More specifically, a reference signal "a" having a reference frequency is supplied to the external terminal 29. The reference signal "a" is a signal having a stable frequency which is generated by a reference oscillator such as a quartz oscillator or the like. The reference signal "a" is supplied from the external terminal 28 to a first input terminal of the phase comparator 28. In FIG. 3, the reference signal "a" is shown as a clock signal. The frequency divider 23 frequency-divides the local oscillation signal "g" from the VCO 22 into a frequency-divided signal "b" having a frequency in the vicinity of the frequency of the reference signal "a", and supplies the frequency-divided signal "b" to a second input terminal of the phase comparator 28. The phase comparator 28, which comprises an exclusive-OR gate, detects a phase difference between the reference signal "a" and the frequency-divided signal "b", and generates a phase difference signal "c" representative of the detected phase difference. The phase difference signal "c" passes through the LPF 27 and is smoothed thereby into a phase difference signal "d" containing a DC component. The phase difference signal "d" is converted by the A/D converter 26 into a digital phase difference signal, which is supplied to the high-speed processor 25 which comprises a digital signal processor (DSP) capable of high-speed processing operation. The high-speed processor 25 is operated according to a predetermined algorithm to reduce a time-dependent change in the phase difference signal "d", and generates a digital control voltage depending on the digital phase difference signal. The control voltage from the high-speed processor 25 is converted by the D/A converter 24 into an analog control voltage "h", which is smoothed by the LPF 21 into a DC control voltage "j" that is supplied to the VCO 22. In response to the supplied control voltage "j", the VCO 22 generates an oscillation signal "g" held in phase with the reference signal "a", i.e., locked in frequency to or synchronized with the reference signal "a".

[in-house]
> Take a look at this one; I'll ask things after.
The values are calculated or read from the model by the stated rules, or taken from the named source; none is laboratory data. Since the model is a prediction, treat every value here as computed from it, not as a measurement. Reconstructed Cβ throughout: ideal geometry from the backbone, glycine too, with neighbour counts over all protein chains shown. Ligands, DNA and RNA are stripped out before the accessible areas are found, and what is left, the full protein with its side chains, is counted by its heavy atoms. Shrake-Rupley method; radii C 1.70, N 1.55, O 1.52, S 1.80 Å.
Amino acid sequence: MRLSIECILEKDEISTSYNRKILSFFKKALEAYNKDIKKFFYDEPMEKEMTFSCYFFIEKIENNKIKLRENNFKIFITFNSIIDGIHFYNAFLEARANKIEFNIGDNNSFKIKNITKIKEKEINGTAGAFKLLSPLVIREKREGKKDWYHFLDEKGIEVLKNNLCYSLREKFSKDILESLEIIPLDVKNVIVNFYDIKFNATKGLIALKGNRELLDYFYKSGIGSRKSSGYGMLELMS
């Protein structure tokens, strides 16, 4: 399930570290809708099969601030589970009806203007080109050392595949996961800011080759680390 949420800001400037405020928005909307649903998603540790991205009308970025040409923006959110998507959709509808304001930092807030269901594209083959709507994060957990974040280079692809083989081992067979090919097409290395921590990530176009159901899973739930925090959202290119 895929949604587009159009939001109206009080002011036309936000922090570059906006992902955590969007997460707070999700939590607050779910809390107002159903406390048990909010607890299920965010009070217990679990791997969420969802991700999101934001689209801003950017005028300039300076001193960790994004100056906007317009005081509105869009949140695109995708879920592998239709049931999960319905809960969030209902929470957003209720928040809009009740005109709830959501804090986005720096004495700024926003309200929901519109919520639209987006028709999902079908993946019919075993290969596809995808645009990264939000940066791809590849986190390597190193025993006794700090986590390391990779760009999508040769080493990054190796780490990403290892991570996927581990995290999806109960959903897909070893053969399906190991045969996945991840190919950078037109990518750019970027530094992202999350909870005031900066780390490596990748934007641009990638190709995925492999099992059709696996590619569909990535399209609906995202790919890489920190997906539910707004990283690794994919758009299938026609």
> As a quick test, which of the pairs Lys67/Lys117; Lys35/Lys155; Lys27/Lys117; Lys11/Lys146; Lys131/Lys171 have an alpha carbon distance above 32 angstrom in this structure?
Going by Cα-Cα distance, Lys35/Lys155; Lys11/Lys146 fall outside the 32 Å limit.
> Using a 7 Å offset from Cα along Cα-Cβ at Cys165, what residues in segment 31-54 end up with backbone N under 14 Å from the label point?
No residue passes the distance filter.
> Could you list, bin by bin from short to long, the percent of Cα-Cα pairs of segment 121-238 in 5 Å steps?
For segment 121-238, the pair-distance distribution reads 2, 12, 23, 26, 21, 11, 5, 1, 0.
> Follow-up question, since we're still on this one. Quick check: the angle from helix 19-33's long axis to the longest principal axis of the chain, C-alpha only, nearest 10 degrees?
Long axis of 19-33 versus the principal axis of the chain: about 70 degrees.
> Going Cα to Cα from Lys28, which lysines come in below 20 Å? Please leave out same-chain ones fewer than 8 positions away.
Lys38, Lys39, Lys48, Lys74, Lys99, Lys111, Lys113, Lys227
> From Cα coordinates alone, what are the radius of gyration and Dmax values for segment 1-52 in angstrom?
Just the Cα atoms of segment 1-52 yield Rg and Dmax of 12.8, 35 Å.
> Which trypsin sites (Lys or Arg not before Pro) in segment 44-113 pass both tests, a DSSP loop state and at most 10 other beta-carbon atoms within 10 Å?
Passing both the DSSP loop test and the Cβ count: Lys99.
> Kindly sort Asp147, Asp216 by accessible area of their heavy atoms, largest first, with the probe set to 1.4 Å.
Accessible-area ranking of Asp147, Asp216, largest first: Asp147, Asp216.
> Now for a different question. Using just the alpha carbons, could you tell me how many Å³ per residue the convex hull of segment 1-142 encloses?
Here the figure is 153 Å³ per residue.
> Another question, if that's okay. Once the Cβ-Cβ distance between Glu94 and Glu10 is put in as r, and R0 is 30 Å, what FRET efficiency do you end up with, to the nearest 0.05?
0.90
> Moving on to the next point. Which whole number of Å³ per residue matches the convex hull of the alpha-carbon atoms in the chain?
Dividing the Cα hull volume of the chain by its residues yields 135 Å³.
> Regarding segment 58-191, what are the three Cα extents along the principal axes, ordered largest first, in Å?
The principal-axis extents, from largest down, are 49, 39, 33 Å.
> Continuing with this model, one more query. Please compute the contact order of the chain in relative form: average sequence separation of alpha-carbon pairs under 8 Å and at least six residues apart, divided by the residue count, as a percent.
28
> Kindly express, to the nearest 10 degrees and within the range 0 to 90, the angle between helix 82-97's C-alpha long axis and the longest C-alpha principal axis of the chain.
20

When the oscillation signal "g" generated by the VCO 22 is synchronized in frequency with the reference signal "a", i.e., locked to the reference signal "a", the phase difference signal "c" is of a substantially constant value "c01", i.e., a change in the phase difference signal "d" in a certain given time ΔT is minimum. The high-speed processor 25 always monitors such a change in the phase difference signal "d" in the given time ΔT, and compares the change with the first phase difference Δwhich is stored as a minimum value for the change in the phase difference signal "d" in the flash ROM 31. If the change in the phase difference signal "d" in the given time ΔT is equal to or smaller than the first phase difference ΔP stored in the flash ROM 31, the high-speed processor 25 decides that the synchronization of the oscillation signal "g" with the reference signal "a" is completed, and energizes the LED 30. At the same time, the high-speed processor 25 stores a control voltage "h" at the time it decides that the synchronization of the oscillation signal "g" with the reference signal "a" is completed, as a first control voltage H1 in the flash ROM 31.